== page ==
The European Union’s ongoing efforts to create a “closer fiscal union,” especially including the most recent (January 31) fiscal union pact, pose serious legal problems. In practical terms, that may not matter much: even if fully implemented, the reforms will fail to calm the financial markets, and they will disintegrate or become irrelevant long before any court could examine their legality. Still, and for what it’s worth, the EU prides itself on being a “community of law.” How does it measure up?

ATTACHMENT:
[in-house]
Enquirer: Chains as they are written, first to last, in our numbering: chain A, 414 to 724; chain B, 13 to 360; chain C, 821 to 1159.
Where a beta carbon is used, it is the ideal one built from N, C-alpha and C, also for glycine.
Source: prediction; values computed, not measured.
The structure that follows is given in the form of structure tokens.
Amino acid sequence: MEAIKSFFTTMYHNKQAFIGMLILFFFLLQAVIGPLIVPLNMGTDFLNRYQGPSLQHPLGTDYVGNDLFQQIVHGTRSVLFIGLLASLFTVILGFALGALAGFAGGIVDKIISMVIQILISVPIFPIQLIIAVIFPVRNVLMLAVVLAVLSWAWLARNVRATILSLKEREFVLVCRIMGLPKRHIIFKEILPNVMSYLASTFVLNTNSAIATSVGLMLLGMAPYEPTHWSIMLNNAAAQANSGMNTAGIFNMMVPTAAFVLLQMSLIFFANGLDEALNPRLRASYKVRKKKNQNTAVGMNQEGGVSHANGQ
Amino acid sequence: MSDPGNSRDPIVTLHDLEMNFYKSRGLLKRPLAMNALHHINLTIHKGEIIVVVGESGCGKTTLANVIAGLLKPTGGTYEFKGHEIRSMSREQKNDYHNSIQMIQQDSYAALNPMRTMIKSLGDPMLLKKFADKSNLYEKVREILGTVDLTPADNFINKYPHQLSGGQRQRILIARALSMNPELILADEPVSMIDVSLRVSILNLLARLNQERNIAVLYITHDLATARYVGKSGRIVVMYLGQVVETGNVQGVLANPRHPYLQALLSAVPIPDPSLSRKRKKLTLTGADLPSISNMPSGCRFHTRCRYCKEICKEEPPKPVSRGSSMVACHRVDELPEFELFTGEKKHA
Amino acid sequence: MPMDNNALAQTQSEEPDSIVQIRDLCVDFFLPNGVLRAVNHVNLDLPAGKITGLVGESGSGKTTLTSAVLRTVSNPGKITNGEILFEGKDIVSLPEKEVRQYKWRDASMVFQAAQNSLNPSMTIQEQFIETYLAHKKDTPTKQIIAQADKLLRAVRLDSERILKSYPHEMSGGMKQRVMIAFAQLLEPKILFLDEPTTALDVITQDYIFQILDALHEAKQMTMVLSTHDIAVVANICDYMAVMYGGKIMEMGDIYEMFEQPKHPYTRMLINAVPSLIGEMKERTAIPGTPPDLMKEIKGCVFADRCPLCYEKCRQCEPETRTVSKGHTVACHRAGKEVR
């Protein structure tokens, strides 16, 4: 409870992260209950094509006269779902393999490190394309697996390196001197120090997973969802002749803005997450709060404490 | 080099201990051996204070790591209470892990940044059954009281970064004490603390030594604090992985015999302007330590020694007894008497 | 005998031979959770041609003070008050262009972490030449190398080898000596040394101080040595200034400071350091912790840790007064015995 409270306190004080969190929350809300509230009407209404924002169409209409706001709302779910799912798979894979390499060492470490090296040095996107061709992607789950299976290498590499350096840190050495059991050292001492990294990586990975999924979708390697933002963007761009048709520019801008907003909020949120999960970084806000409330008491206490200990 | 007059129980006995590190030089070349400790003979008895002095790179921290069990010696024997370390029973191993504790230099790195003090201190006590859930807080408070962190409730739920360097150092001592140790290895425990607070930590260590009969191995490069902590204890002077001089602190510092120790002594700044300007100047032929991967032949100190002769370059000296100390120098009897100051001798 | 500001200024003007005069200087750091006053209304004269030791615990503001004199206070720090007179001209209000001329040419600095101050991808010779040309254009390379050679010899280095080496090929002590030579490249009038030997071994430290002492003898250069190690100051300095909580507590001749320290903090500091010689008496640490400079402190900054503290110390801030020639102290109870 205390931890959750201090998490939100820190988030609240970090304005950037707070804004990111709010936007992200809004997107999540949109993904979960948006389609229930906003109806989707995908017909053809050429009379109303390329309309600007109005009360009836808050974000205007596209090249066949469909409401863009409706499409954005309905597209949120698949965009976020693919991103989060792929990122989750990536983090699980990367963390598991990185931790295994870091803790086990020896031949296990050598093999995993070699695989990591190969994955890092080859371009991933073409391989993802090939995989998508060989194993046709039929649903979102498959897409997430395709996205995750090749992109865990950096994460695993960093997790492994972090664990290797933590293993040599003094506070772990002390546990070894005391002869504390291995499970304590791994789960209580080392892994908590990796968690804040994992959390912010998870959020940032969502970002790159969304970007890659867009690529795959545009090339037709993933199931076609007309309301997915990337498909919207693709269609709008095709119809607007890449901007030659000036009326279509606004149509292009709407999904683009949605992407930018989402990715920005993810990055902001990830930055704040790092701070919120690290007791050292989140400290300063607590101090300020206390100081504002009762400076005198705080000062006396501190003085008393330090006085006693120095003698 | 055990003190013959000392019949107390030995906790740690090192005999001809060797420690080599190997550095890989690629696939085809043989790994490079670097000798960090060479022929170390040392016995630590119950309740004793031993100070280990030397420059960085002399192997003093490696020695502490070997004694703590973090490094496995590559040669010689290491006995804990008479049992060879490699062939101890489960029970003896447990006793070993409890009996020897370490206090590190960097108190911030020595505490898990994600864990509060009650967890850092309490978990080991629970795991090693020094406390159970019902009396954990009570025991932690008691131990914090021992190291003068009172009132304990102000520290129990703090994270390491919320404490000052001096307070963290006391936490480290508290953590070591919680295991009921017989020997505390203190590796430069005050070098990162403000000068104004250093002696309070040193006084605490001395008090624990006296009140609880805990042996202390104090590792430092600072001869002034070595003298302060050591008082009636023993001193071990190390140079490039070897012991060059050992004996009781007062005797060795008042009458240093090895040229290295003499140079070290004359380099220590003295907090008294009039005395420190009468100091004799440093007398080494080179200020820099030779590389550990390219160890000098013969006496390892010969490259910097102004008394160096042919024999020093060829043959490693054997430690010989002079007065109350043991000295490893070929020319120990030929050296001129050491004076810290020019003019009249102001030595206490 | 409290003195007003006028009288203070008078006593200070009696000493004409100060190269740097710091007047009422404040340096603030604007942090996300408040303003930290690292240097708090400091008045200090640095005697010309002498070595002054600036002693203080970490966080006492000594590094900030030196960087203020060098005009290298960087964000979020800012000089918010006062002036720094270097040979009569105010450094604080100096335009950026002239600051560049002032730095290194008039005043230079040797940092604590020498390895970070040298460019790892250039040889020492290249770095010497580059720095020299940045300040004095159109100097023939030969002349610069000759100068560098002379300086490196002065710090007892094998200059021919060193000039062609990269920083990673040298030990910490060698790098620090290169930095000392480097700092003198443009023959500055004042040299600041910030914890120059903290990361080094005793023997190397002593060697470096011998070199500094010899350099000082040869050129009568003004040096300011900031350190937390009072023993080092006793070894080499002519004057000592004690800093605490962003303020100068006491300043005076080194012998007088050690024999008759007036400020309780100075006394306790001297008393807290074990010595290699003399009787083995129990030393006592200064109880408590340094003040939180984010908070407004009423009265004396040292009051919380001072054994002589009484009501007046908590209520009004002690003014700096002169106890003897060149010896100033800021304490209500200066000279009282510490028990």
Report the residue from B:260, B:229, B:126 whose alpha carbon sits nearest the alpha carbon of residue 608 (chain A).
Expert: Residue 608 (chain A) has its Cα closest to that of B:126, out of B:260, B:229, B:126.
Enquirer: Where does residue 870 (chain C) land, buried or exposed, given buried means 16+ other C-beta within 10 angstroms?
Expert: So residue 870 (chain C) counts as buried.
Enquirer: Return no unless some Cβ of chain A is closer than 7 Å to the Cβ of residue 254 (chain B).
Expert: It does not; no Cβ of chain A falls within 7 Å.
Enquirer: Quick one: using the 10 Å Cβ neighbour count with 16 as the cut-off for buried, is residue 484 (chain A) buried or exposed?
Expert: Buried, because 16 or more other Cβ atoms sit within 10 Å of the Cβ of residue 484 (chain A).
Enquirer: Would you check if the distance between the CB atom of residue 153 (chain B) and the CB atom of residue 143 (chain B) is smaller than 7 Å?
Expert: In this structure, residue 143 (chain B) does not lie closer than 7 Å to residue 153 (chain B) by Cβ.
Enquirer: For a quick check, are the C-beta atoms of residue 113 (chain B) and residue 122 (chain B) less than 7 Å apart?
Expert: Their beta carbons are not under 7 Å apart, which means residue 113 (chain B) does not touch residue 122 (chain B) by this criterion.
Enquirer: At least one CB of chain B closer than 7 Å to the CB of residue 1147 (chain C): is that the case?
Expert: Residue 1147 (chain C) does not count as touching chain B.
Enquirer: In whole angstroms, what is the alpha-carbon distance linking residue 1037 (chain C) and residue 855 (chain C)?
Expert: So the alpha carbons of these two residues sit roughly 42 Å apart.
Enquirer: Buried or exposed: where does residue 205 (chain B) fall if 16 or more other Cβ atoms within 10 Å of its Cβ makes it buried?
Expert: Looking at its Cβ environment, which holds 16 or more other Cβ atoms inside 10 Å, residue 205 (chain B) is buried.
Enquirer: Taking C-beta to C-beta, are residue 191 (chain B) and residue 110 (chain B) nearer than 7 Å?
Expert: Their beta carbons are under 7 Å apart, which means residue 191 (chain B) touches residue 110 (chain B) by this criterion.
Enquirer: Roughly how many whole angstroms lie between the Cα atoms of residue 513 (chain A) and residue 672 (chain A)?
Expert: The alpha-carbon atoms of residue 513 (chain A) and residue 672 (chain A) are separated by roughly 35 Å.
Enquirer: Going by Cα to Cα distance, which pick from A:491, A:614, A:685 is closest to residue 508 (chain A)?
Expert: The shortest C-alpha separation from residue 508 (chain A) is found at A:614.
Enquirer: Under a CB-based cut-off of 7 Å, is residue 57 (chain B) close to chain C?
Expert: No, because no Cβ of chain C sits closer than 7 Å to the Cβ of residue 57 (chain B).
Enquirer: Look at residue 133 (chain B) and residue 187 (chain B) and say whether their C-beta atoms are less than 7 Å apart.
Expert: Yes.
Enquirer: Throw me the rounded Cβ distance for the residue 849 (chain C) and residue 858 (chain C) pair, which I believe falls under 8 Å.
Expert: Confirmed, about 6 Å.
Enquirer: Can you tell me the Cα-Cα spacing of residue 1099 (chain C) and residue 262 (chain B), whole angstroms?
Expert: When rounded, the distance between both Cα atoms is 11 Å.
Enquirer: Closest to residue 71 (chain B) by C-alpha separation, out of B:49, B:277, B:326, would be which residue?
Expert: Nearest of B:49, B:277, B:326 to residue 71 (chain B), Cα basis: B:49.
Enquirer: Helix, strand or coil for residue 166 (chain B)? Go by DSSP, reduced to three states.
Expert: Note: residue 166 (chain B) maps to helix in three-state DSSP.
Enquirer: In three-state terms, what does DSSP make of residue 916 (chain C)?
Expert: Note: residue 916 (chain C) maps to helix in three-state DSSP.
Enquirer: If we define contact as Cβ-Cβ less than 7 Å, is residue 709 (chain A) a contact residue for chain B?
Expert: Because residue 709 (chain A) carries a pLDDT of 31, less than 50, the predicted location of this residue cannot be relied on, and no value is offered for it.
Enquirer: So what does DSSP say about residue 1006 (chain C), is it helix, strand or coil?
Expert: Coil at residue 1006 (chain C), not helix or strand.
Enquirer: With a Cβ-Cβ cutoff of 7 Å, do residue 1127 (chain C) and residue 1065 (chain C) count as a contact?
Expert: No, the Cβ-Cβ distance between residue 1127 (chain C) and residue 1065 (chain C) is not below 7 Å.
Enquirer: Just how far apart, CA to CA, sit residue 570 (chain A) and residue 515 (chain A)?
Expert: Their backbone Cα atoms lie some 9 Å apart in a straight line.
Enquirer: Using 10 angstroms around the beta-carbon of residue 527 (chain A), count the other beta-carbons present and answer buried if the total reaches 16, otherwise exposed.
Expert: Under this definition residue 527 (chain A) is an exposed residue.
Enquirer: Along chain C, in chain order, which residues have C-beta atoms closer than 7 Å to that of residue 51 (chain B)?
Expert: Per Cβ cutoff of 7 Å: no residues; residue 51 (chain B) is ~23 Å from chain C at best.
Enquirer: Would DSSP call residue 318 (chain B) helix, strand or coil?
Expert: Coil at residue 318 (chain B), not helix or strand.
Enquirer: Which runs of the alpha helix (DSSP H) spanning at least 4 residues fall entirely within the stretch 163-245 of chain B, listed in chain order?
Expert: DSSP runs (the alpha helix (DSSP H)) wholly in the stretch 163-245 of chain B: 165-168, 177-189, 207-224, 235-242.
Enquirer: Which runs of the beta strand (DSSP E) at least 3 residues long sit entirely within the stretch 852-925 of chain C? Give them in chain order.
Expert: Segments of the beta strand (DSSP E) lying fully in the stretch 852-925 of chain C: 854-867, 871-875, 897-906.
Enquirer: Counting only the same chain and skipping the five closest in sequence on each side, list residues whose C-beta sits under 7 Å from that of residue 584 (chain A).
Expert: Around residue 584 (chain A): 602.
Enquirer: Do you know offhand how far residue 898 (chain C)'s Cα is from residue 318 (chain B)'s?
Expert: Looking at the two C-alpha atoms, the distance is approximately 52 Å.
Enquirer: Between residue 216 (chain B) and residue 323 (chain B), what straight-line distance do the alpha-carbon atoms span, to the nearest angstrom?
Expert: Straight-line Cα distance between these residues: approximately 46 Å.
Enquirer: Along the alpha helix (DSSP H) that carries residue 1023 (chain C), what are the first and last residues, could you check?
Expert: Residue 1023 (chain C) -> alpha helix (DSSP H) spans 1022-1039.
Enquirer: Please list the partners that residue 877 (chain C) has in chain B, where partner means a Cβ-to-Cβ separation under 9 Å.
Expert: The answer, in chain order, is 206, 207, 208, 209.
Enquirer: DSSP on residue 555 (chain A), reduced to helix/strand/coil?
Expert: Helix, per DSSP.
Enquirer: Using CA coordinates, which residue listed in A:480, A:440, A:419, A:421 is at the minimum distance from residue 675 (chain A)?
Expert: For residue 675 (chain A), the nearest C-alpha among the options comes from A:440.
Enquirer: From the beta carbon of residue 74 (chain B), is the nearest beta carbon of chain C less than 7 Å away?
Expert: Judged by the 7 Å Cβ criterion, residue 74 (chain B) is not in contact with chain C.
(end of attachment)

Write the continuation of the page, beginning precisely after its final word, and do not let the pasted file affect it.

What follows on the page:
There’s been a lot of talk that our federalism might come to look like the EU, with Illinois starring in the role of Greece or Italy. However, the institutional differences are far too great for meaningful comparison. For example, Chancellor Merkel can depose the Italian Prime Minister with a phone call; our Constitution does not give the President, the Congress, or for that matter the National Governors Association any such agency in the affairs of a member-state. For another example, the EU (outside the egregious but fairly small Common Agricultural Policy and a few other slush funds) isn’t a transfer union. Our federalism is or rather has become that sort of union. That doesn’t mean we have a smaller problem than the EU; it just means that we have a different problem. For purposes of comparison and instruction, you want to look at a federal system that shares our problem. Come visit Argentina: you’ll see the future, and it doesn’t work.